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Old 11-24-2018, 12:23 AM   #21
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Location: South Coast NSW Australia
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Default Re: Fordson Thames ET6 year model

My pilot engine has locked big end inserts.

I am yet to find if all or only some or none have these .

Mine could have had a crank change .

Will be very curious as to whether this thames engine when it arrives has them or not.

My last flathead was a 1946 C69A and it also had locked imserts.

I did ask an old dude who has overhauled 2 pilot engines and he sadi both had floaters inside.
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Old 11-24-2018, 12:55 AM   #22
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Default Re: Fordson Thames ET6 year model

Pooch, All Pilot engines originally ran flanged on one side, lock in shells. The crank journals have double oil holes accordingly, however, the holes are on opposite sides of journal to each other. These bearings are very hard to source nowadays, however, 32-38 USA flanged full floaters will directly interchange quite happily.
Apart from the double drilled rod journals, Pilot cranks have the longer /larger diameter snout, same dimensions as USA post 38 cranks. In all other respects the Pilot cranks resemble 36LB-38 cranks.
The Pilot blocks are a different casting to USA 37-38 blox; behind each bank of cylinders [behind #4 and behind #8] they have a 5/8" dia frost plug [English terminology], which makes them easy to id.
So...when your Thames engine arrives, first things to check are to see if it has the frost plugs as described, also if it has the long crank snout, if so, it will be identical to Pilot.

In my adventures with 21 stud blocks, I have found yet another English variant; wartime military use, eg brengun carriers, These babies have no freeze plugs anywhere [not even in the panrails], have what is referred to as 'raised deck', and have the third hole at back of block for oil cooler. These are cast in what appears to be a very high nickel iron; the water jackets don't demonstrate any tendency to rust/scale up. These blocks however, in my experience, can crack in all sorts of places. I have previously been caught out with this variant; initially one thinks, by virtue of the clean water jackets etc,that they've got such a pristine block, only to have ongoing problems with cracks forming.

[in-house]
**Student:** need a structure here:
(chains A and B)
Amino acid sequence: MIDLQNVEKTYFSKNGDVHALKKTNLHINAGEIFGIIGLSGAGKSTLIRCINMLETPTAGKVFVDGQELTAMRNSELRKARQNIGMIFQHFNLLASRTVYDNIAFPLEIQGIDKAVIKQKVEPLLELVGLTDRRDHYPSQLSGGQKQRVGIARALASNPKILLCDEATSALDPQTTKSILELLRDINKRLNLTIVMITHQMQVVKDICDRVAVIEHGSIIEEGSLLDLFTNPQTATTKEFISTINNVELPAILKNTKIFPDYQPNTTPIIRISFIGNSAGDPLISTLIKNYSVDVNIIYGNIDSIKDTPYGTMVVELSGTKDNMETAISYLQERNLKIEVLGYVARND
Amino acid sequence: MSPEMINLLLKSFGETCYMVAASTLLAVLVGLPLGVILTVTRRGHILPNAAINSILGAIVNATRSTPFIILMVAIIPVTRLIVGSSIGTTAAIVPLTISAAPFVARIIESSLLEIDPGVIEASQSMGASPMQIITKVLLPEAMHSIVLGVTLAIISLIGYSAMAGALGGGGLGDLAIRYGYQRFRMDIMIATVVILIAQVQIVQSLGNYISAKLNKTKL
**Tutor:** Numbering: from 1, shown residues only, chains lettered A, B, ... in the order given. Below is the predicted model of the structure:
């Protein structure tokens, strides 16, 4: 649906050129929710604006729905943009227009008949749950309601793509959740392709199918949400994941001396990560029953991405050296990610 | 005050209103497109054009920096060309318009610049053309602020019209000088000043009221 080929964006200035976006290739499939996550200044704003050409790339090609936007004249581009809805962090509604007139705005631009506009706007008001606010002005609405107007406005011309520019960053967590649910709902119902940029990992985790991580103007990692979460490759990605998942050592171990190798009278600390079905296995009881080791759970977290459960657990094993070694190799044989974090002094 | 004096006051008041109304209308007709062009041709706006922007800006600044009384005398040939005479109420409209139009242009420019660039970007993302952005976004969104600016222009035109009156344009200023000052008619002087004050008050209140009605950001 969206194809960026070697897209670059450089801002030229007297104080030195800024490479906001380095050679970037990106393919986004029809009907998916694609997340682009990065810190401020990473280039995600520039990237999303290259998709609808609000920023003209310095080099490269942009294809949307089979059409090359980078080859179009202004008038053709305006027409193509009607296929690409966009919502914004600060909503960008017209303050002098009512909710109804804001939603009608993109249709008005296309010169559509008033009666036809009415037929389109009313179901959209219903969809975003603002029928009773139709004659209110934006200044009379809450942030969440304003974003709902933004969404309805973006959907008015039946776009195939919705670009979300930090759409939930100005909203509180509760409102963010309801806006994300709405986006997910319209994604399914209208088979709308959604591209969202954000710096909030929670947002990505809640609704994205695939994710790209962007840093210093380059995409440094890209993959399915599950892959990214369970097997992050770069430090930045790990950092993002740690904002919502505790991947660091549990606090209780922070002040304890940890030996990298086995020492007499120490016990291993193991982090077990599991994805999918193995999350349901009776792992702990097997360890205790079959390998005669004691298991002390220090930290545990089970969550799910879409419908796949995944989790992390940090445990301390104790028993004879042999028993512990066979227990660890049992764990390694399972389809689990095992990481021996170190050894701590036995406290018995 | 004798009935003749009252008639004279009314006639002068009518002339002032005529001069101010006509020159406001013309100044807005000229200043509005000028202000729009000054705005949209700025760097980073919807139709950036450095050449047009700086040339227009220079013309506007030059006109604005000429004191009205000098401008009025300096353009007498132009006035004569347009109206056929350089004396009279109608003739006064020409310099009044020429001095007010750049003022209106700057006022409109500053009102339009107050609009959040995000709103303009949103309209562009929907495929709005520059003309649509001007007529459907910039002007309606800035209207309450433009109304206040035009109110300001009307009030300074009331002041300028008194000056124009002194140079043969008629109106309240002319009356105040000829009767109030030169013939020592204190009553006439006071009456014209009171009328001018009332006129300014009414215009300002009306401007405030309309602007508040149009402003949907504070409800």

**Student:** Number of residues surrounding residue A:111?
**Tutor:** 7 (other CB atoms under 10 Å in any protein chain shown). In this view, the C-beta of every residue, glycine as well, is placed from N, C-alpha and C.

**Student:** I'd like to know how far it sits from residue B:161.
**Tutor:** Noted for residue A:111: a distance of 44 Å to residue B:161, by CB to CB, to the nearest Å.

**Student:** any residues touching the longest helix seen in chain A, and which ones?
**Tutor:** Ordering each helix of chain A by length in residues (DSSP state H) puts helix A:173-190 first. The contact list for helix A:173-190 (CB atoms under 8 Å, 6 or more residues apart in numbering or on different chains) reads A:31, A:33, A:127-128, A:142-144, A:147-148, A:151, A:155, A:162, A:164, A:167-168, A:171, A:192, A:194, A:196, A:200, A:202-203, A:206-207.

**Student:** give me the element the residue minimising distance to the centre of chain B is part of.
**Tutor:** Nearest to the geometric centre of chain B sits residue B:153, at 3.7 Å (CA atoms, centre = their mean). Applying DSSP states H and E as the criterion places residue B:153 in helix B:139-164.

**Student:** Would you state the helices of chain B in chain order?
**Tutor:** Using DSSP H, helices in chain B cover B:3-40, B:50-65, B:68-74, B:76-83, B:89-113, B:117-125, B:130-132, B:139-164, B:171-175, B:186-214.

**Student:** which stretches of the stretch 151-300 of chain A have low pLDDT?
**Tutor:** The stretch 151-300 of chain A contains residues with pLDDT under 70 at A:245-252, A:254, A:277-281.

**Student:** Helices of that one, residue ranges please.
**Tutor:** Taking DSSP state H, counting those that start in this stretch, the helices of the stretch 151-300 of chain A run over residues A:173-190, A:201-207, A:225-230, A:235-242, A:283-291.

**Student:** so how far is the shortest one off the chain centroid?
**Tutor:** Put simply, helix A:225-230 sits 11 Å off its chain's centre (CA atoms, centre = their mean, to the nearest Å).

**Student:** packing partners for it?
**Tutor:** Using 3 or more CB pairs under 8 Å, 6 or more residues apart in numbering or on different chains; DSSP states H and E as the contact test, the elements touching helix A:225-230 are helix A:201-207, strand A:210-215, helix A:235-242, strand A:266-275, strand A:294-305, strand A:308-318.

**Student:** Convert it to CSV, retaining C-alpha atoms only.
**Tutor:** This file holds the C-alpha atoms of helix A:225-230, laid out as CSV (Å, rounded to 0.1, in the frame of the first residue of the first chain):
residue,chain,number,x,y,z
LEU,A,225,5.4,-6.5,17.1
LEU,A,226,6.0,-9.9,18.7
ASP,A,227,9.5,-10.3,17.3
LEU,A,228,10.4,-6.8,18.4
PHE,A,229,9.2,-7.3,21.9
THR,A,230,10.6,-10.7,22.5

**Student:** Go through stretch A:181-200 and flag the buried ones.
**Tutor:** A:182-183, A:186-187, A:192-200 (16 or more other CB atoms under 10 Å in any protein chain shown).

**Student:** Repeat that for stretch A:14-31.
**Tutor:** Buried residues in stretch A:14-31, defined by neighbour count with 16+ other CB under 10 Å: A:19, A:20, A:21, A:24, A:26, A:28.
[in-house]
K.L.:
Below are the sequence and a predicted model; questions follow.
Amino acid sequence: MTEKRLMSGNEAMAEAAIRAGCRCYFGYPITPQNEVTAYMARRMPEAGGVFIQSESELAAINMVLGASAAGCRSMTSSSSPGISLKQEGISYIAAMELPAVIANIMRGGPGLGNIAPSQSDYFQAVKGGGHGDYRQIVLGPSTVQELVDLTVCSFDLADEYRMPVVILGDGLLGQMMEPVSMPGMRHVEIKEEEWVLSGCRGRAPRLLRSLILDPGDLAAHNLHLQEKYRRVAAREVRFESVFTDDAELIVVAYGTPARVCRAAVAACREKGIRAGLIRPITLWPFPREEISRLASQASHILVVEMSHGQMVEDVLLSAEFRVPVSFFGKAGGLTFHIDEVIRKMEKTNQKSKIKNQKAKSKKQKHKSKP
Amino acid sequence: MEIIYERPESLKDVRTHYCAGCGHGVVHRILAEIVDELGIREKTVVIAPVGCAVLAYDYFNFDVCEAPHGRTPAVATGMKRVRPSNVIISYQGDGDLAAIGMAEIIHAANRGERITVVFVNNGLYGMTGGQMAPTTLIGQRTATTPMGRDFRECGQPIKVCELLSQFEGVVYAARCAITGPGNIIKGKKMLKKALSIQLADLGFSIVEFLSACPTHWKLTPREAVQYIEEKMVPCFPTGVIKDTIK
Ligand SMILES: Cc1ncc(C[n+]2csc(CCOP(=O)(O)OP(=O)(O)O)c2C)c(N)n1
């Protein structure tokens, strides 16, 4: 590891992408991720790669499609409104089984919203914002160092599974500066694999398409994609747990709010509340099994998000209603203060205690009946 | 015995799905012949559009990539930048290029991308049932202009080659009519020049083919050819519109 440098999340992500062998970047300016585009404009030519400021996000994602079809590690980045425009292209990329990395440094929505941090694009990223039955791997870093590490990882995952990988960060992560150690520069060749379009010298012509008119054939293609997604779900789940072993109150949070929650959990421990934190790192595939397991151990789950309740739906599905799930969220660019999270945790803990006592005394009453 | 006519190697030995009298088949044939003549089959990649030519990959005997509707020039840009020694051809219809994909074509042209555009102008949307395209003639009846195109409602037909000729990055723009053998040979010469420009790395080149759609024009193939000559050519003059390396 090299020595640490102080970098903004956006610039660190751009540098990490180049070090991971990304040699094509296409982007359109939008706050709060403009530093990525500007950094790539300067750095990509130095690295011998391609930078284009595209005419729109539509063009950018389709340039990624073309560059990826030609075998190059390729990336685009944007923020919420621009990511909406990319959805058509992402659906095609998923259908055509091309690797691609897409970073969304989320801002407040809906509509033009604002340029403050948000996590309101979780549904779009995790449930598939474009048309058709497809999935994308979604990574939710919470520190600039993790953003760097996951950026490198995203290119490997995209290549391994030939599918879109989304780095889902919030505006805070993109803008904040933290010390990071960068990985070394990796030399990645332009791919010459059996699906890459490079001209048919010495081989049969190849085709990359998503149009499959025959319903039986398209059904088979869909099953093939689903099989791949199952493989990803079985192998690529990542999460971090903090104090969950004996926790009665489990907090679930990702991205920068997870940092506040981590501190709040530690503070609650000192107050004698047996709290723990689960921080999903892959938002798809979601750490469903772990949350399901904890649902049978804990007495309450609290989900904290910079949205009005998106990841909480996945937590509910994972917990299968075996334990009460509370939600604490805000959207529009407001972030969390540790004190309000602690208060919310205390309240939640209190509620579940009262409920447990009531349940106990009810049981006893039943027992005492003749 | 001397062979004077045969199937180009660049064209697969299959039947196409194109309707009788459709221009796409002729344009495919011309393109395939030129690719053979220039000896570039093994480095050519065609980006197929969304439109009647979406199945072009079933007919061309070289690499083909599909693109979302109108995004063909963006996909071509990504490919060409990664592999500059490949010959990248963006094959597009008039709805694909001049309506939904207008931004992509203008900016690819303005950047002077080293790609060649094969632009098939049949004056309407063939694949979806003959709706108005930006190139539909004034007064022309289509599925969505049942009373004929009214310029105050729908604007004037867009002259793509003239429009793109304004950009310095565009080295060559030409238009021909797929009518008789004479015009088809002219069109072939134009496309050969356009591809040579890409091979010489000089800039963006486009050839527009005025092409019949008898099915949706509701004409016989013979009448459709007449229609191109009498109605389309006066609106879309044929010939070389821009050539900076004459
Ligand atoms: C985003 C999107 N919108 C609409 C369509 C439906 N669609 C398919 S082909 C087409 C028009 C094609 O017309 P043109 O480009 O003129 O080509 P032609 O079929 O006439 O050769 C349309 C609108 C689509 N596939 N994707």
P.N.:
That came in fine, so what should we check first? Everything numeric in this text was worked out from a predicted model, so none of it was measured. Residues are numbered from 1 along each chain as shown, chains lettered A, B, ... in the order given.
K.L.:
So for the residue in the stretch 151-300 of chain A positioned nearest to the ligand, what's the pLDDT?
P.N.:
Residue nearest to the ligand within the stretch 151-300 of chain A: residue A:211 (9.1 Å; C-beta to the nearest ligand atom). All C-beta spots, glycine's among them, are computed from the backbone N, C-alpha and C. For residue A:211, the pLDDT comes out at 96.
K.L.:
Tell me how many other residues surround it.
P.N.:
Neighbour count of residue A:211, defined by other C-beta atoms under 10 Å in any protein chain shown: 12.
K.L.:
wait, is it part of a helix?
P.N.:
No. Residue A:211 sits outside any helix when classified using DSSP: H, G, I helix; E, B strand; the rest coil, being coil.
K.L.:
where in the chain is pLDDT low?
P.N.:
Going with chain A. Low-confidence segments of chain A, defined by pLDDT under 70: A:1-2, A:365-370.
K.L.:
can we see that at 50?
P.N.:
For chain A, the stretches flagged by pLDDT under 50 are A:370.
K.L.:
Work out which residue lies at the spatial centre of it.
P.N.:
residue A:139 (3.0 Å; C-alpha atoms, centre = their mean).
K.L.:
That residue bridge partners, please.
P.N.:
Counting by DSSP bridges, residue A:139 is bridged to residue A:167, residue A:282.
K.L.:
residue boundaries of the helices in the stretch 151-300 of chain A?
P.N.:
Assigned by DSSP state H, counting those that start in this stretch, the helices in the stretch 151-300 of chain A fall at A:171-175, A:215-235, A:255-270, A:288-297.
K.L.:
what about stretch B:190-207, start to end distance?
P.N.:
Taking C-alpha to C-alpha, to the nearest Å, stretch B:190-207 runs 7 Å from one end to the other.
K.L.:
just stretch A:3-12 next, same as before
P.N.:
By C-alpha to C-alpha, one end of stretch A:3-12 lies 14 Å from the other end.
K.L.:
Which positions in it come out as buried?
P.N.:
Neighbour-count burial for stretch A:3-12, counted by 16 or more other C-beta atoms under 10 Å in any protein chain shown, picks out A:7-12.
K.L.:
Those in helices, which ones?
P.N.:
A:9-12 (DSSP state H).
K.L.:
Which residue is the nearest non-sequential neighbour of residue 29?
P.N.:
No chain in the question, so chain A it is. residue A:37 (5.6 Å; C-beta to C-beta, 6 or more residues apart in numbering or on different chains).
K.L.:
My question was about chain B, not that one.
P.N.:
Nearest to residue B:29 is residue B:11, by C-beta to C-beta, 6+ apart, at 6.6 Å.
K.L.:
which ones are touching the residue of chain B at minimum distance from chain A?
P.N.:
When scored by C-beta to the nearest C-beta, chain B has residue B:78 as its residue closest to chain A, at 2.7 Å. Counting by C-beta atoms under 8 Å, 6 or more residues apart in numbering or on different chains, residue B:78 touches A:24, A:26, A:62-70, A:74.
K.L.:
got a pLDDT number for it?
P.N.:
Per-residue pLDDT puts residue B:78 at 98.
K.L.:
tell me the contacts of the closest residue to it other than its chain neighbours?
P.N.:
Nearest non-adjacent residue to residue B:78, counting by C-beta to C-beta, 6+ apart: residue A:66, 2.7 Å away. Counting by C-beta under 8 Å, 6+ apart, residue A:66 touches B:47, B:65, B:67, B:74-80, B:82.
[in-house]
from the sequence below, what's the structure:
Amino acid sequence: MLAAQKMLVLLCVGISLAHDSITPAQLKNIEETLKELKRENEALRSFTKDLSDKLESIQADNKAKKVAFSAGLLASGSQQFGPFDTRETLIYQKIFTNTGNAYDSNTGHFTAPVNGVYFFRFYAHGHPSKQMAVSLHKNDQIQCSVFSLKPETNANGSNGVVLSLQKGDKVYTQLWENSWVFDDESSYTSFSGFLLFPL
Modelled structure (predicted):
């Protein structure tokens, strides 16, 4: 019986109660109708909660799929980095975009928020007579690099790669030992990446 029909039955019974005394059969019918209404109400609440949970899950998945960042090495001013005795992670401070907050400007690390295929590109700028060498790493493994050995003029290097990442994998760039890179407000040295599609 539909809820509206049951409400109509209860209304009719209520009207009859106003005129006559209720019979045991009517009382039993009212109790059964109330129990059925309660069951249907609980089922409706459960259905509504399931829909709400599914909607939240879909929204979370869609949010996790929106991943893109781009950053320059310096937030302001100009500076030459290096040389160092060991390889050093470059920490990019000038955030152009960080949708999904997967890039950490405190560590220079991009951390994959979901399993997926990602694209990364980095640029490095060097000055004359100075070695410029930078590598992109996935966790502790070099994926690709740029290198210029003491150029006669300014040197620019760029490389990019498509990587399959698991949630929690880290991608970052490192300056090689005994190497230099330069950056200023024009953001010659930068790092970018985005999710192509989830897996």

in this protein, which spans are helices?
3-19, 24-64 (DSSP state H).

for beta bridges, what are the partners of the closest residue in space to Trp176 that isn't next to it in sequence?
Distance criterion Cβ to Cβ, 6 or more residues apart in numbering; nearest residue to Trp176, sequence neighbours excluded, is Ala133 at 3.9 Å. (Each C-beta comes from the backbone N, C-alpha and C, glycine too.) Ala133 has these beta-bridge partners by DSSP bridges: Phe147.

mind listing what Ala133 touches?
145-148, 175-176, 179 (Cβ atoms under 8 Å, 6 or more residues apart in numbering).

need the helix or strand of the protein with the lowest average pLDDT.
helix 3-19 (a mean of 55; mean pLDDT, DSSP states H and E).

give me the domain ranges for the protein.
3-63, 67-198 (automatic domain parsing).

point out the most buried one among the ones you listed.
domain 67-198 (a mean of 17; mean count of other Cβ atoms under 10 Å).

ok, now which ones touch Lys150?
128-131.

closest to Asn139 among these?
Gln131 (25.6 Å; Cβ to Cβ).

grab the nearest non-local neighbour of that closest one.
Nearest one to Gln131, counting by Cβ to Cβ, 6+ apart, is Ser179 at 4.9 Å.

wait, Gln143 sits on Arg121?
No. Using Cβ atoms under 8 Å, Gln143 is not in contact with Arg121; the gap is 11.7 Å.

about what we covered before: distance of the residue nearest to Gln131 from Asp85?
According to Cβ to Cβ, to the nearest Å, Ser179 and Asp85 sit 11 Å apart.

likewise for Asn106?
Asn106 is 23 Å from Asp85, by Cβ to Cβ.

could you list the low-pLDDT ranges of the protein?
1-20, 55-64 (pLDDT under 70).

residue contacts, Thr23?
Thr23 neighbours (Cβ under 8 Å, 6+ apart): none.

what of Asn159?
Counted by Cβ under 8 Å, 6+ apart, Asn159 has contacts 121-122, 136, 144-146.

I hope for your sake, that your engine turns out to be a Pilot version. Good luck!
Unfortunately, two half wits don't make a whole wit!
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Old 11-24-2018, 10:27 AM   #23
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Default Re: Fordson Thames ET6 year model

My guess is that the wartime stuff depleted rather quickly after the war and production changed to meet modern standards. I've always thought this to be true but had no way to confirm since those engines are rare where I come from. It sounds like some of you other folks could confirm that. The engine type was manufactured a long time and bound to have been updated, especially for use in trucks. When Ford USA changed over to the long snout crank in 1938, they developed the crank sheave to keep the early style fan drive on the generator for another year or so in the standard models & commercial pickups. These were on 24 stud engines though. Canadian and UK production stuck with the 21-stud a lot longer than US production because of the wartime needs. If it ain't broke, don't try to fix it. A lot of universal carriers were built in Canada, UK, and even in the USA. The US built ones were different though. They used the 29A 239 engine in them and they were longer & therefore heavier.
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